The Short of It
Doctors should now screen all kids for high cholesterol, depression, and HIV, with some tests starting as early as age 9, according to the guidelines released by the American Academy of Pediatrics today in the journal "Pediatrics."
Your next pediatrician's visit may last a little longer, because the American Academy of Pediatrics is revamping its screening recommendations, which call for more preventative testing for everything from HIV and depression to anemia and cholesterol.
A risk assessment has been added at 15 and 30 months for a hematocrit or hemoglobin screen to help detect iron deficiency.
Congenital Heart Disease
A screening for critical congenital heart disease using pulse oximetry has been added and should be performed in the hospital before a newborn is discharged.
All children ages 9-11 should be screened for high blood cholesterol levels—not just those who are considered high risk, like the previous guidelines stated. The update reflects concerns about the growing epidemic of obesity in children, as well as the fact that targeted screening can miss too many children with abnormalities.
"The goal is to identify risk factors early on, so we reduce their heart disease risk as adults," said report author Dr. Geoffrey Simon of Nemours DuPont Pediatrics. "It has nothing to do with whether your kids are obese or not."
Suicide is the leading cause of death in adolescents, so depression screening is advised every year for ages 11-21.
"We're trying to get to kids before they reach the point where they might need medication," Simon said.
One in 4 new HIV infections are found in 13 to 24-year-olds and 60 percent of teens who are infected don't know it. Now teens as young as 16-18 are advised to have HIV screening at least once in a health care setting, when the prevalence of HIV in the patient population is more than 0.1 percent. In areas of lower community HIV prevalence, routine HIV testing is encouraged for all sexually active adolescents and those with other risk factors for HIV.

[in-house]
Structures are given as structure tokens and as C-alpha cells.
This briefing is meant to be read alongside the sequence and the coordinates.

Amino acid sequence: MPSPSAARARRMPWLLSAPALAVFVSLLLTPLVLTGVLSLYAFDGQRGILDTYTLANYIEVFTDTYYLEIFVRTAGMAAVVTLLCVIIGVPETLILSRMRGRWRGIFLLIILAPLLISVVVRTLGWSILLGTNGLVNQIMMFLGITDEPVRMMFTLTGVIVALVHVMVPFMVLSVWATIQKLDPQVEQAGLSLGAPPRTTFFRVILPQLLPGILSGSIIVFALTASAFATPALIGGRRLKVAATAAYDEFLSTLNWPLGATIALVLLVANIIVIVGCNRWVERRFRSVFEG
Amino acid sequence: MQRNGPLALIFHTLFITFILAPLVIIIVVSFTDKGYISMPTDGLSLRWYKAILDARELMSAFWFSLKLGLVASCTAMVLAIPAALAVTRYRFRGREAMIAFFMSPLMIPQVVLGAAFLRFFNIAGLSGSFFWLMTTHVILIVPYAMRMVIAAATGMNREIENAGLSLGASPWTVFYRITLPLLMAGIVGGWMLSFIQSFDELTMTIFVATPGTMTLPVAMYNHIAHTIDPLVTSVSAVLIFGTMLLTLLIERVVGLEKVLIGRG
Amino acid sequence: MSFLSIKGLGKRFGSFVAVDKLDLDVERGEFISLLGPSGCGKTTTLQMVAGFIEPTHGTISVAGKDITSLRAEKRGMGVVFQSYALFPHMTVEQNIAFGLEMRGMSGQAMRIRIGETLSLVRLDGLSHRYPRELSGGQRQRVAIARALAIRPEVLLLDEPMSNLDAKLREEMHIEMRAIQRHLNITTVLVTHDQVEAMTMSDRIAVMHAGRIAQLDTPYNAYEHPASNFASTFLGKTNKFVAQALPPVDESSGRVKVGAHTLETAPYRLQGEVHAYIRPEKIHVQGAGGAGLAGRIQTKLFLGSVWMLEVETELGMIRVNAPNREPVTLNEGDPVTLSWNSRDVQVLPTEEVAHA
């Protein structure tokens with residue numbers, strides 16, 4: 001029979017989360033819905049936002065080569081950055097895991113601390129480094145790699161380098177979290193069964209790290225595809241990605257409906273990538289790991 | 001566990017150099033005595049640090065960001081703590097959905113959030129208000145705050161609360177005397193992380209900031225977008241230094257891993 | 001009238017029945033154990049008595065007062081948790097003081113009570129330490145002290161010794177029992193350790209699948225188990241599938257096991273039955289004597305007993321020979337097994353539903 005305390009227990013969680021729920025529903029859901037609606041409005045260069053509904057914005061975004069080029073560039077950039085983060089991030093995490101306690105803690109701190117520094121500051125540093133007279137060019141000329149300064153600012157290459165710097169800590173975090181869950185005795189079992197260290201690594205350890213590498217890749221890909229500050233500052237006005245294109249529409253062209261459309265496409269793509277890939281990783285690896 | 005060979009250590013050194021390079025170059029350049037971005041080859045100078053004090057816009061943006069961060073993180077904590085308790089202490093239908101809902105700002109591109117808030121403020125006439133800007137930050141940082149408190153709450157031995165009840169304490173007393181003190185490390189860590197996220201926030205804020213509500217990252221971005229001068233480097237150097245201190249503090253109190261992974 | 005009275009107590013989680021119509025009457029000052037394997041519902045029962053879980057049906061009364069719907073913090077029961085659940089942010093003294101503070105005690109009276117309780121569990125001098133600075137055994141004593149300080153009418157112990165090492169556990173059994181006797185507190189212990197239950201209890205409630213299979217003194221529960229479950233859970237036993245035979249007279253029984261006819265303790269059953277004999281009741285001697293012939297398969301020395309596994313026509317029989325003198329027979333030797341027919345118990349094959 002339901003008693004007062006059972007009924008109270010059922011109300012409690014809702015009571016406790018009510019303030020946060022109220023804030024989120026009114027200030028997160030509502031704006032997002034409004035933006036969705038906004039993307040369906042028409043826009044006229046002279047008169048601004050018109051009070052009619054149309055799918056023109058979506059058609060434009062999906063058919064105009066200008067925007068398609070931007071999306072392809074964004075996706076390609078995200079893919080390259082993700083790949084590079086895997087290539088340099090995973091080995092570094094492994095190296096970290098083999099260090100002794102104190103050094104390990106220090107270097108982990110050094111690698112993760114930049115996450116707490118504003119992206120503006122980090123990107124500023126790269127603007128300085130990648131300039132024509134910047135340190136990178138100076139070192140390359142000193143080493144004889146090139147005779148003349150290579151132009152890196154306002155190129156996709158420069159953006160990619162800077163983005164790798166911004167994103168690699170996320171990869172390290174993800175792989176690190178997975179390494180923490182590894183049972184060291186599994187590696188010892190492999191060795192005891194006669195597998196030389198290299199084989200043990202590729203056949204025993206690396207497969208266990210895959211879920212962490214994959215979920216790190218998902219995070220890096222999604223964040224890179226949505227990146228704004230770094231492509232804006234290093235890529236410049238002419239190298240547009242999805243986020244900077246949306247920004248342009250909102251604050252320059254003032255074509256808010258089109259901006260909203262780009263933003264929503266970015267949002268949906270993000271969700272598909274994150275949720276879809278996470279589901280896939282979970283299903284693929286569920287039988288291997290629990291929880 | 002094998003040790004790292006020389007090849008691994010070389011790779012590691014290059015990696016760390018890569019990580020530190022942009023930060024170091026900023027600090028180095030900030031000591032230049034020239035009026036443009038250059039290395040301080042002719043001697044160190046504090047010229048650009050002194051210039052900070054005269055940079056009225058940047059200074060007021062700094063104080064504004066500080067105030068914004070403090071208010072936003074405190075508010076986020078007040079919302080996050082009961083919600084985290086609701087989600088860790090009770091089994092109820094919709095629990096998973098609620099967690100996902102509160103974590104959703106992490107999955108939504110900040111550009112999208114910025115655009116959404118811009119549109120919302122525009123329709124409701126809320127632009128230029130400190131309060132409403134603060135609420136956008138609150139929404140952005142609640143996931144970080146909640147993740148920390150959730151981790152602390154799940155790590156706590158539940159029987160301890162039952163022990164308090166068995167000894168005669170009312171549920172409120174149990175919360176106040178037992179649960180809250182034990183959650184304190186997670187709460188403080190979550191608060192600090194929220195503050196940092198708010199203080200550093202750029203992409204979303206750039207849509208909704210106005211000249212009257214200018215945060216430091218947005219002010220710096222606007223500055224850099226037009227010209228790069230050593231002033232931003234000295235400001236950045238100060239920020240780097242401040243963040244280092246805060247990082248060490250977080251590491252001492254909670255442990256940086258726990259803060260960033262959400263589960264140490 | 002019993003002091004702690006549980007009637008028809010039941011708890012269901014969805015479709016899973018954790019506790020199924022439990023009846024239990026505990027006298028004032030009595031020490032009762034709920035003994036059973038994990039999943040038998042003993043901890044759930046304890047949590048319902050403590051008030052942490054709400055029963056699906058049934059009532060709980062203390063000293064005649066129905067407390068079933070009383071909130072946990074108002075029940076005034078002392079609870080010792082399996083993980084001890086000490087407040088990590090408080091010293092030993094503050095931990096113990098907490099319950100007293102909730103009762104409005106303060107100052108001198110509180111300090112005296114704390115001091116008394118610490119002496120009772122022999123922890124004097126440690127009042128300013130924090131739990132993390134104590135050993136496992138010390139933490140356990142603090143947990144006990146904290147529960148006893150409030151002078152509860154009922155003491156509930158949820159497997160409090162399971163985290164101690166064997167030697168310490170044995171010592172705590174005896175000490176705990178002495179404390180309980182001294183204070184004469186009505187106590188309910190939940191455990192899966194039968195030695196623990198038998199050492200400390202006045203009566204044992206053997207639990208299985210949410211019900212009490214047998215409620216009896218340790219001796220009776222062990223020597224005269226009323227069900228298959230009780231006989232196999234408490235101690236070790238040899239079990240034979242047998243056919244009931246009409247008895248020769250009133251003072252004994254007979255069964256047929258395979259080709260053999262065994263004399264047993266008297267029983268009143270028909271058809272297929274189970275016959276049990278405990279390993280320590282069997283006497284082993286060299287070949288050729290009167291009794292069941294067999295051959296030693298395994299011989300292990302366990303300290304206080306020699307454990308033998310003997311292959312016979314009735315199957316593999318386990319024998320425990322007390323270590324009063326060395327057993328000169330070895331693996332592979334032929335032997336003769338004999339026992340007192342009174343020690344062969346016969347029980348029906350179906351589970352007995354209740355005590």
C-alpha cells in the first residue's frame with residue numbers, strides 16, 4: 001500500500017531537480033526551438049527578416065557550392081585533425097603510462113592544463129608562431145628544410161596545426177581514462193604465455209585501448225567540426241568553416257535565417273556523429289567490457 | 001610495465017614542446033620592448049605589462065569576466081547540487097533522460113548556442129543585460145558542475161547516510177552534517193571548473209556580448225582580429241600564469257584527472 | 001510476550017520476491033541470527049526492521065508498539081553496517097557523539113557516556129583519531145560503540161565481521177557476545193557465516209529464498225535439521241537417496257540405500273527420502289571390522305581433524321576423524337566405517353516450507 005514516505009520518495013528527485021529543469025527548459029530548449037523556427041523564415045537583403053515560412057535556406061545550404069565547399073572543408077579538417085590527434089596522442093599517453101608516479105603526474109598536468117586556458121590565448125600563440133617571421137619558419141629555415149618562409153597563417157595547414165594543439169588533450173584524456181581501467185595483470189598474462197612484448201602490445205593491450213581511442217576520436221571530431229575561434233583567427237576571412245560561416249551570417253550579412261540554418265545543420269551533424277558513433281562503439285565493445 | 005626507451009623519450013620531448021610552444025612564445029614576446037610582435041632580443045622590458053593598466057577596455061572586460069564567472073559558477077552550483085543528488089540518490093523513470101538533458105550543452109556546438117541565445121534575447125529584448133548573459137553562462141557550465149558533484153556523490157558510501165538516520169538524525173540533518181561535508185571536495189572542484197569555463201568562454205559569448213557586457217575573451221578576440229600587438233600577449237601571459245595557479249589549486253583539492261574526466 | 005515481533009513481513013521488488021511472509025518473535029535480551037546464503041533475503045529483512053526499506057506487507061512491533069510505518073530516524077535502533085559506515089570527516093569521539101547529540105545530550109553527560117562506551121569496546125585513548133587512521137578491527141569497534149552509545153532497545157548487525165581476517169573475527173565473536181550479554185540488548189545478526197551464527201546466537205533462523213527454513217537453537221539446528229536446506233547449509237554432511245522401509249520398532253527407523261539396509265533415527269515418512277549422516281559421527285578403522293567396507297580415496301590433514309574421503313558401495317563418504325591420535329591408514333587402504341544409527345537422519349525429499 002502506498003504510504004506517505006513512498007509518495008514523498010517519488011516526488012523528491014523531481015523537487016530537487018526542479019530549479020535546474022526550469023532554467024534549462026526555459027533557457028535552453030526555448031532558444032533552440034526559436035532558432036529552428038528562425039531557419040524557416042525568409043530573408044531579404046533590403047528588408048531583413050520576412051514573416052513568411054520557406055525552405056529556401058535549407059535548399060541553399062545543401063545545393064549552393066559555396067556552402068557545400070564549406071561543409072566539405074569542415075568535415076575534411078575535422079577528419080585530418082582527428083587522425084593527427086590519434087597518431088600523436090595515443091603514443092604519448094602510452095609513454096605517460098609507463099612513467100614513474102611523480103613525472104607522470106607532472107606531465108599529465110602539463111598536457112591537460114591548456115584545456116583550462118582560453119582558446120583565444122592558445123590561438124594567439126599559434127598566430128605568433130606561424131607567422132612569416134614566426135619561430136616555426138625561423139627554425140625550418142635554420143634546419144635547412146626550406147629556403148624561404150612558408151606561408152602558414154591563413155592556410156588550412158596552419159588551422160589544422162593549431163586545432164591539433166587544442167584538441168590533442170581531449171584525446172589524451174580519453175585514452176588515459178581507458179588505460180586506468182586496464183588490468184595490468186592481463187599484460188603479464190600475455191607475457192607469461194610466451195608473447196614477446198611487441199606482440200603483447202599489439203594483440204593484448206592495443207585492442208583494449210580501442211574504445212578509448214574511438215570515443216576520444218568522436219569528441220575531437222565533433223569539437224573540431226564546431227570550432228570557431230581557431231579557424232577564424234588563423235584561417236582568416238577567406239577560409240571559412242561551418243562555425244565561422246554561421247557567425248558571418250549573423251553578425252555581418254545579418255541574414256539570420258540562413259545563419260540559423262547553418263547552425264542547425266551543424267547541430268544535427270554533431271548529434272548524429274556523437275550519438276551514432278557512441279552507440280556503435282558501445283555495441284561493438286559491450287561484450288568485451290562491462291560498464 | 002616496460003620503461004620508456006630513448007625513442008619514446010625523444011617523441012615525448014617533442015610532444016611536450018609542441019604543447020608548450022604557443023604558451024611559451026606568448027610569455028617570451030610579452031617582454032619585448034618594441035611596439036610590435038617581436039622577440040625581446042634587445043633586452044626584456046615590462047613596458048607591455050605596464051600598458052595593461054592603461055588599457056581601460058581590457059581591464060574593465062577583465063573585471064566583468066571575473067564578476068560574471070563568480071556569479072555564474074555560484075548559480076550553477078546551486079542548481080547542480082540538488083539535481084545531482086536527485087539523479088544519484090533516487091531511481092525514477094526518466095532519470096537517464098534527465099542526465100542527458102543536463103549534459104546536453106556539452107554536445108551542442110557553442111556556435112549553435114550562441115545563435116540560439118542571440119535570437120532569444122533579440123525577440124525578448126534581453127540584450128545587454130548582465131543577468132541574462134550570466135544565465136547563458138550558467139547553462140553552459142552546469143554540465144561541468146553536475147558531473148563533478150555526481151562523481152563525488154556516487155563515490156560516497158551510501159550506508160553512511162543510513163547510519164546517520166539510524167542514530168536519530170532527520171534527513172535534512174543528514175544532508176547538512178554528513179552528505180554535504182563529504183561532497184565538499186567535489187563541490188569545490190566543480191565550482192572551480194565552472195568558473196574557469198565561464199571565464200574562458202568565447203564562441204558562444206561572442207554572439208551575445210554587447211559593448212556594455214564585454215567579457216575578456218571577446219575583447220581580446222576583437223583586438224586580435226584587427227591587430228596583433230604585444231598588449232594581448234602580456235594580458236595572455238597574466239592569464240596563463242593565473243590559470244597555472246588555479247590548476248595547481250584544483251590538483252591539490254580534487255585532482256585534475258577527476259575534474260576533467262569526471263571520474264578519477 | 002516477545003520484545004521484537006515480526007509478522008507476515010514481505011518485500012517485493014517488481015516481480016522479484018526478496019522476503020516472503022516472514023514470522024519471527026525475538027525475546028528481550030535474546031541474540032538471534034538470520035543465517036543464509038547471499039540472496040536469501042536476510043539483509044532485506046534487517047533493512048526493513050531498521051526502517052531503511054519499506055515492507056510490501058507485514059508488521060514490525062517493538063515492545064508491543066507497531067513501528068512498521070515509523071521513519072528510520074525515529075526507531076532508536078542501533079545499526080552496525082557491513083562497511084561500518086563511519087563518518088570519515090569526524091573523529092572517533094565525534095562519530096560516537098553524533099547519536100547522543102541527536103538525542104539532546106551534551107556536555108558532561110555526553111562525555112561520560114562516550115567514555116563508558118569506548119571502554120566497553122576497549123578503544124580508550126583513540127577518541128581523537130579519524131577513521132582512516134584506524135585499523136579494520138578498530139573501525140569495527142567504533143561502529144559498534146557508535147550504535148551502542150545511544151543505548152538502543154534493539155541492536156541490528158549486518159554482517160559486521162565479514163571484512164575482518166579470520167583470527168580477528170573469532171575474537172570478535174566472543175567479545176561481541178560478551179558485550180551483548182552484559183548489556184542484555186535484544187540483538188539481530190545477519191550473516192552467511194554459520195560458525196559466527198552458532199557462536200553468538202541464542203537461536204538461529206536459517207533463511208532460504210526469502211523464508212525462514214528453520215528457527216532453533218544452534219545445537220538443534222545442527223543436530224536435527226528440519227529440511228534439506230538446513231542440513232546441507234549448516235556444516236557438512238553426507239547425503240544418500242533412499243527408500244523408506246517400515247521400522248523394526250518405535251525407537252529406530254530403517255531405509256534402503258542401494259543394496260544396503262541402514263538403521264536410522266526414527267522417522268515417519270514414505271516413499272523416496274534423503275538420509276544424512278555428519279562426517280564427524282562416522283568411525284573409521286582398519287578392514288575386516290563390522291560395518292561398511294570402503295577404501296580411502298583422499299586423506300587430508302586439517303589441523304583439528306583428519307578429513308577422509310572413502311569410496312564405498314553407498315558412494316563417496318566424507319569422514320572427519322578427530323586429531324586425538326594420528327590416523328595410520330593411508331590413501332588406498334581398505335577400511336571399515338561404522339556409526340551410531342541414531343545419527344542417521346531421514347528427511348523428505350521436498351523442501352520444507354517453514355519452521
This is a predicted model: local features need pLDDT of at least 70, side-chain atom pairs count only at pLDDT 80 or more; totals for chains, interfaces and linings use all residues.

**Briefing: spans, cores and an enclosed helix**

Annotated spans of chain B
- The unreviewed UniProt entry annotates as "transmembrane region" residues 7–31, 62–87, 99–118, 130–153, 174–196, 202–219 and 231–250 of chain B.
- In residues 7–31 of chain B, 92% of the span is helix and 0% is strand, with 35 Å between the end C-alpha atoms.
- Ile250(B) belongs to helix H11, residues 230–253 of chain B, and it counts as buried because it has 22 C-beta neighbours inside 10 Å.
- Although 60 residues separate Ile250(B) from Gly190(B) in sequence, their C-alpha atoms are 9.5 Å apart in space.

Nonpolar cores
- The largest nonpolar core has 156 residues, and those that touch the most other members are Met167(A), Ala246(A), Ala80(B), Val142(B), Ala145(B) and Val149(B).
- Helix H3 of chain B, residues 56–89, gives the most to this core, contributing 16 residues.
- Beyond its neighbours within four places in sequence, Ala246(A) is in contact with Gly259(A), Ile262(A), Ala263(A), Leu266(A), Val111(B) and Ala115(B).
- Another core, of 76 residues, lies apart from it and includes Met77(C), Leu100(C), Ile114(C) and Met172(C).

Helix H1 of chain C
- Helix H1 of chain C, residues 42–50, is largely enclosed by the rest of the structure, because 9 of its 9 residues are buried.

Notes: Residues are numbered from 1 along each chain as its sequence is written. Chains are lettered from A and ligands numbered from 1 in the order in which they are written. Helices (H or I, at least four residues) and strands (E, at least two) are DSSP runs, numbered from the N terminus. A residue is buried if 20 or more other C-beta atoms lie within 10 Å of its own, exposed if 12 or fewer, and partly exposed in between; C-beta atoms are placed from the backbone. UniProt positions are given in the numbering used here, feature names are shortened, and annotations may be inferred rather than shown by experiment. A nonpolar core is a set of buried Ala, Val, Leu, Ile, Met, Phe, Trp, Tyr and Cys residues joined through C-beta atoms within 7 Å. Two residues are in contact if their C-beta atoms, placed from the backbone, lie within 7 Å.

"We know from national surveys that adolescents are having sex and are not good about having protection," said Dr. Lee Beers, Medical Director for Municipal and Regional Affairs, Children's National Health System. "They don't think long term."
To help reduce dental cavities, a recommendation has been added for fluoride varnish applications to be given in the doctor's office, from 6 months through 5 years. And while just a smear—about the size of a grain of rice—of toothpaste should be used up to age 3, that amount should be increased to the size of a pea after a child's third birthday. Parents should dispense it for young children and supervise brushing.
The recommendation for routine vision screening at age 18 has been changed, based on evidence showing that fewer new vision problems develop in low-risk young adults.
Instead of doing a risk assessment every year from ages 11 through 21, screening for the presence of pre-cancerous cells on the surface of the cervix is recommended to start at 21 years old.
Drugs and Alcohol
The CRAFFT (Car, Relax, Alone, Forget, Friends, Trouble) questionnaire is recommended for all adolescents.
As a parent, you may feel wary about some of these new guidelines, especially since you might be asked to leave the room on occasion so the doctor can speak with your child more freely. Don't be alarmed. Just remember that these screenings are preventative in nature, and that you and your pediatrician are working toward the same goal: to provide the best possible health care for your child.